The vaccines expired last month, the Indonesian Health Ministry said.
“Our storage facilities are feeling the strain as they’re filled with expired doses,” Health Minister Budi Gunadi Sadikin said in a Tuesday briefing Bloomberg reported. “That’s especially as we have a new campaign to push for basic vaccination for children across the country.”
The majority of the vaccines were donated from developed countries before their expiration dates, Sadikin said, according to local media KOMPASS.com.
“When the vaccines were transferred to us, the average expiration date was between one and three months,” he said, adding that Indonesia accepted the free vaccines due to the outbreak situation at the time.
Sadikin cited the decline in the country’s vaccination rate as another cause for the vaccines being unused. The government’s initial goal was for 90 percent of the population to be fully immunized, and 80 percent to receive a booster dose.
“We discussed with [Prime Minister Joko Widodo] whether the vaccination rate was attainable,” he noted. “It would be more realistic to have 70 percent of the population fully vaccinated and 50 percent receive a booster shot.”
The Indonesian government lifted the outdoor mask mandate and waived pre-departure coronavirus testing for foreign travelers on May 18. Mask wearing will remain mandatory for indoor activities and on public transport, reported Reuters.
Indonesia is not the only country that saw donated vaccines go to waste. In December last year, Nigeria destroyed over a million expired COVID-19 doses and announced that it would no longer accept donated vaccines with short shelf lives.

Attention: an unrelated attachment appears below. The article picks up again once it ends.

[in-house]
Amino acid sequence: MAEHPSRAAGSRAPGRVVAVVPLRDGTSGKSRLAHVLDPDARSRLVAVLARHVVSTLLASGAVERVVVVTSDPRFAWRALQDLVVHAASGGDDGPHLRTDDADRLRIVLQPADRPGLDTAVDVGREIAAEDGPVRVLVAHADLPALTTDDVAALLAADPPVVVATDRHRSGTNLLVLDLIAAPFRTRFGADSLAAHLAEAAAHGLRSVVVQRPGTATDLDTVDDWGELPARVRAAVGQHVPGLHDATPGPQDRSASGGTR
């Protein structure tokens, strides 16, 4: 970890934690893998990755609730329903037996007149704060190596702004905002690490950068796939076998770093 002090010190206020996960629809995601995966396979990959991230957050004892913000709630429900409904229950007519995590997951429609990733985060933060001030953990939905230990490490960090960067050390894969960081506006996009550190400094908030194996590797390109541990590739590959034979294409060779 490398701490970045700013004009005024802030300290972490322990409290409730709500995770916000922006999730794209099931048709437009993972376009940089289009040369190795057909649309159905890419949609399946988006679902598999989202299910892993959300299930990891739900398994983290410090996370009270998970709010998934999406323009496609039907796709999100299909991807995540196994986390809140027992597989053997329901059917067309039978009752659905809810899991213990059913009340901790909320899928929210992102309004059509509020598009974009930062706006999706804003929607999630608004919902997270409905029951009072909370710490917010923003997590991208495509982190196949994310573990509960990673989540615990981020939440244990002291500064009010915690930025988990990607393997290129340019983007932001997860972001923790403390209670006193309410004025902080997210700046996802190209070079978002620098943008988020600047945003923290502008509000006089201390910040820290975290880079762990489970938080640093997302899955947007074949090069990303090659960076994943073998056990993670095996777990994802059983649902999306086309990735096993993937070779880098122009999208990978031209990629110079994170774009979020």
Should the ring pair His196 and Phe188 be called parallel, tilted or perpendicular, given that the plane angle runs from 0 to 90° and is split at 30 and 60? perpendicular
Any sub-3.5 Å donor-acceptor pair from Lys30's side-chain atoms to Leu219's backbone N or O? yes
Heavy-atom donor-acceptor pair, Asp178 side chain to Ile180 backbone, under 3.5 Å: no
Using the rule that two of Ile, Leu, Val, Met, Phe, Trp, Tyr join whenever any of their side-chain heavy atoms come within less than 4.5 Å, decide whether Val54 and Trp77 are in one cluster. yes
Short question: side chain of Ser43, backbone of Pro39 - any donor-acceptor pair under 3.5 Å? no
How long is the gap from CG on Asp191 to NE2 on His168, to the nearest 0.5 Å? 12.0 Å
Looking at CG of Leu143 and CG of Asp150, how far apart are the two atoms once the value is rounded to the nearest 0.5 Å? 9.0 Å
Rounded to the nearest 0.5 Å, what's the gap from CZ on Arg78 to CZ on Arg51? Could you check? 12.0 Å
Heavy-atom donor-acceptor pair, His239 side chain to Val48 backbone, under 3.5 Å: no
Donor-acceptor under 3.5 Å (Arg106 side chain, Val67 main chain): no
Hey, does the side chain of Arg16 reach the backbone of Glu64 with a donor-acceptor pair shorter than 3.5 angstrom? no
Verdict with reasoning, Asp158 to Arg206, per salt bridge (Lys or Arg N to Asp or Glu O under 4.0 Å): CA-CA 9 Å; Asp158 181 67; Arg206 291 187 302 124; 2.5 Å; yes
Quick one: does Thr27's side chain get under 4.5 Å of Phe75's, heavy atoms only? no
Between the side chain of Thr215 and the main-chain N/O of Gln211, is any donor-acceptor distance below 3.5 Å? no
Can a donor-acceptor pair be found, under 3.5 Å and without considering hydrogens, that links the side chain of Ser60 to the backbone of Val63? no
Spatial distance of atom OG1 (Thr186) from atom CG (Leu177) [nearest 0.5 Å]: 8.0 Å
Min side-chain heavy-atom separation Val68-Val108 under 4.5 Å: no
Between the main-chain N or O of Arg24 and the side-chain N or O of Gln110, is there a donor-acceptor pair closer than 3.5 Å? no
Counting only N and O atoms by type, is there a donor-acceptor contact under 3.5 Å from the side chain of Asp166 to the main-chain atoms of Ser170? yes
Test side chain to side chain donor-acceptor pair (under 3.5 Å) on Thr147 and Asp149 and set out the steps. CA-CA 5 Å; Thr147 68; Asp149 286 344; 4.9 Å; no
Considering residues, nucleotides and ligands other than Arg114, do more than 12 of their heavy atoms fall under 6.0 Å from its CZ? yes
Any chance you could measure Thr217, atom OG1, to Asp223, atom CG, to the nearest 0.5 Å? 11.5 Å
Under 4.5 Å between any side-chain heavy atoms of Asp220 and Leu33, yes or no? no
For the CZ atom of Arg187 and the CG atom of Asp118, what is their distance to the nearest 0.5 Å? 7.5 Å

The United Nations revealed in January that more than 100 million donated COVID-19 vaccine doses were rejected by poor countries, primarily due to their short shelf life, reported Reuters.
About 15.5 million of the rejected vaccines were destroyed, the U.N. stated, adding that the recipient nations had to delay supplies due to a lack of storage facilities for the vaccines.
In November last year, the African Vaccine Acquisition Trust (AVAT) and the U.N.-backed COVAX program issued a joint statement saying that the quality of donations “needs to improve.”
“The majority of the donations to-date have been ad hoc, provided with little notice and short shelf lives. This has made it extremely challenging for countries to plan vaccination campaigns and increase absorptive capacity,” they stated.
“To achieve higher coverage rates across the continent [of Africa], and for donations to be a sustainable source of supply that can complement supply from AVAT and COVAX purchase agreements, this trend must change.”
They urged donors to release donated doses in large volumes and have a minimum of 10 weeks shelf life when they arrive in-country, as well as to inform recipient countries of the availability of the doses not less than four weeks before their arrival.